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Toronto Food forensics: How do you investigate a possible case of food-borne illness?

Toronto emergency services ambulances.

Fred Lum/The Globe and Mail

After nearly 100 people complained earlier this week of feeling sick from eating at the Canadian National Exhibition, Toronto Public Health officials are investigating one vendor – EPIC Burgers and Waffles – as a possible cause.

In a statement Thursday, EPIC Burgers and Waffles said that the company has a clean health record and that all of its staff has been trained in food safety.

"We take health and safety very seriously," the statement read. "It's very important to us that our food is not only enjoyed, but also trusted."

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To find out what goes into a public health investigation for food-borne illness, The Globe talked to Paul Callanan, who oversees restaurant inspections for the Region of Peel.

What are investigators in Toronto likely doing now?

With respect to the particular food premises, they would typically do such things as look at how foods are prepared, and whether or not hazardous foods like meats are being kept in what we refer to the "temperature danger zone" (between 4 and 60 C, in which pathogenic bacteria can grow) for an inordinate period of time.

They're also making sure that refrigeration is adequate, that food preparation surfaces are cleaned and disinfected, and that there's no potential contamination between ready-to-eat foods and foods that are raw and maybe contaminated.

From the people who made the complaint, we get a food history: what did they eat, when did they eat it, look at what we refer to the incubation time – that's time between when you ate the food and when you came down with symptoms – what the symptoms were, how long they lasted, and whether they'll submit a stool specimen.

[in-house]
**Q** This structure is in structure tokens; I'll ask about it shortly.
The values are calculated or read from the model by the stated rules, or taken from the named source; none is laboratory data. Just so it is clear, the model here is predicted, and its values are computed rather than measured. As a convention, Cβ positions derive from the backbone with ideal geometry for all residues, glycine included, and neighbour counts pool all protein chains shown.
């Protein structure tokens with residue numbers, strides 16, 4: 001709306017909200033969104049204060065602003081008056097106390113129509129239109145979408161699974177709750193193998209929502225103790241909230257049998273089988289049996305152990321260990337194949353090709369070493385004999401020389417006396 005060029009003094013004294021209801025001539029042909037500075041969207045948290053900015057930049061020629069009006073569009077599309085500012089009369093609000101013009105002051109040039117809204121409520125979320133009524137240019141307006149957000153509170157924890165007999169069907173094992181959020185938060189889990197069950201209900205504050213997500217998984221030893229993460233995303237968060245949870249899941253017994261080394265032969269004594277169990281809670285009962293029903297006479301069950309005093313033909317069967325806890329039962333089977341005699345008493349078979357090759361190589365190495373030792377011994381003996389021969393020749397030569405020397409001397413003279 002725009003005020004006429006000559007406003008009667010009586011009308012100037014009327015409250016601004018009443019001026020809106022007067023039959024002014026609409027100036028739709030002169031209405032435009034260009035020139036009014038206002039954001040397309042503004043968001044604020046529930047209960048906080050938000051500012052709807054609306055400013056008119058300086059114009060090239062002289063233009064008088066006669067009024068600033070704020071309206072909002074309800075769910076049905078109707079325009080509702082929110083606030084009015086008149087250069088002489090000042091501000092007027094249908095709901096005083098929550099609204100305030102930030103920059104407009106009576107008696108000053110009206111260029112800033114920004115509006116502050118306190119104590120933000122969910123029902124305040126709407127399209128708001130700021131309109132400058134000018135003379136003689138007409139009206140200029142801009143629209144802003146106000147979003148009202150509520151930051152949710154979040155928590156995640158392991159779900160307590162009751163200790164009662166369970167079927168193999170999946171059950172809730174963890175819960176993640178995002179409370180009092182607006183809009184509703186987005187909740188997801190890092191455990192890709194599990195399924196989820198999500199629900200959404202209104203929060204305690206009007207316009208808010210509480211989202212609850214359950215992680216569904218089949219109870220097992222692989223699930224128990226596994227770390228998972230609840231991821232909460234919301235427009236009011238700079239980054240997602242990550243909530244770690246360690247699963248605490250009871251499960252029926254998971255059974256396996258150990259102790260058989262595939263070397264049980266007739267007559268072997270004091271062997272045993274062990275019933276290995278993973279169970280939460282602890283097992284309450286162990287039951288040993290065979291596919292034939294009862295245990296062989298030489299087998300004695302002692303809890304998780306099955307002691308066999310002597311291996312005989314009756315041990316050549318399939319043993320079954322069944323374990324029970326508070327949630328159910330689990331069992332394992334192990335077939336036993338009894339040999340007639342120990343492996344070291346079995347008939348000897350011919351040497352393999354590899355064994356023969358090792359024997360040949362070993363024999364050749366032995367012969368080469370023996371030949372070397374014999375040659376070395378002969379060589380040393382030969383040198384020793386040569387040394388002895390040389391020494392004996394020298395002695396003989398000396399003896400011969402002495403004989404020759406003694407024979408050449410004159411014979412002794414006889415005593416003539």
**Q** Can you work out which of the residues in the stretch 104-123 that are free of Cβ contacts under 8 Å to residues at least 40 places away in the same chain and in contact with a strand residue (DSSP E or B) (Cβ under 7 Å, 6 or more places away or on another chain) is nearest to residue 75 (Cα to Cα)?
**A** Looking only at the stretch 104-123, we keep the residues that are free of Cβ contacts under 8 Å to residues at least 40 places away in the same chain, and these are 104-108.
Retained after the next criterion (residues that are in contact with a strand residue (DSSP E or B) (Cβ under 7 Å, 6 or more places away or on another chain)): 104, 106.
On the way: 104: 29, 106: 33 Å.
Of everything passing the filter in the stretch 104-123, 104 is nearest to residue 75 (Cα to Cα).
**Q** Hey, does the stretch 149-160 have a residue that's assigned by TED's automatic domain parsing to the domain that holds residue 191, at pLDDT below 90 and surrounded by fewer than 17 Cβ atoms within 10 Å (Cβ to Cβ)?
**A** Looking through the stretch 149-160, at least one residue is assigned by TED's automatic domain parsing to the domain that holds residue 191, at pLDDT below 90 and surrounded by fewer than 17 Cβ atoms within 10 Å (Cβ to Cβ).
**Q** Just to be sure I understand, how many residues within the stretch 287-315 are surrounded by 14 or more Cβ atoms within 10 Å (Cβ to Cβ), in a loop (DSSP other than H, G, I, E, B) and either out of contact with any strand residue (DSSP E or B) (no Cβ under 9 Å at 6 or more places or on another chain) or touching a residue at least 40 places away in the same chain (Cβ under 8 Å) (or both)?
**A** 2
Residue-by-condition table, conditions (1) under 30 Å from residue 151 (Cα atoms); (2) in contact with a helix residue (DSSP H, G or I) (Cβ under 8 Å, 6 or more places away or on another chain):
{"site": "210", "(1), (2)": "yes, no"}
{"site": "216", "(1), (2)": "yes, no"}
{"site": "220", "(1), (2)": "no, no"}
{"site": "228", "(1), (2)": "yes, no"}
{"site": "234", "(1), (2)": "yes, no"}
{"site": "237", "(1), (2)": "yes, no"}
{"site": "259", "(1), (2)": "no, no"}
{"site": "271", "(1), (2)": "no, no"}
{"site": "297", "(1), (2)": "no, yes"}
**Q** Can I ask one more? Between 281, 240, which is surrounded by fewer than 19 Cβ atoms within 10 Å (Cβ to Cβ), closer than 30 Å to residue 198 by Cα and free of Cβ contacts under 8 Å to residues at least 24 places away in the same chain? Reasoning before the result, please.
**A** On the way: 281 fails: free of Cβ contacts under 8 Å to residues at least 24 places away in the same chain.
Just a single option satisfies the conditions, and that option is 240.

How do you confirm a case of food-borne illness?

What you want is to find the pathogen or causative agent – whatever bacteria or virus is responsible in the food itself, and in a person's stool sample. Unfortunately, that's relatively rare.

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A suspected case might be finding a pathogenic agent in a stool sample or a food sample and not having the other one to say 'yeah, it's the same organism.'

What kind of equipment is involved?

Thermometers are one of the key pieces: maximum hold thermometers (that's a thermometer that gives you the maximum temperature of, say, a dishwasher thermometer), or probe thermometers (which take the internal termperature of food products) are probably what inspectors would be using in this case.

There's also ways of testing sanitation of surfaces – swabs or Rodac plates (clear disks that you press against a surface to try and capture bacteria).

What is the most common cause for food-borne illness?

Probably the most common is temperature – where foods are kept in the temperature danger zone for an inordinate amount of time, probably more than two or three hours. If the food is in the temperature danger zone, the bacteria multiples, so you start off with two, then it goes to four, then eight, then 16 and on and on.

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Do seasonal or temporary event like the CNE pose specific risks?

My understanding is that it's all commercial equipment, and the standard of food handling would be no different at the CNE than at a restaurant. I also understand that all food handlers are trained beforehand by Toronto Public Health.

For investigations, it does – the volume of food they're turning out. Often, the best you can do is get a control sample – just trying to get the same types of food that were part of a meal.

In cases like the CNE where there has been so much media coverage, do investigators take into account the element of hysteria – people think they're sick even if they're not?

We do take it into account and try as best we can to go on the basis of an objective assessment.

So if a person alleges that they were part of a food-borne illness, then you gather their food history, find out about their symptoms, and if they're symptomatic, try and collect their sample. The proof is in the pudding, in a sense.

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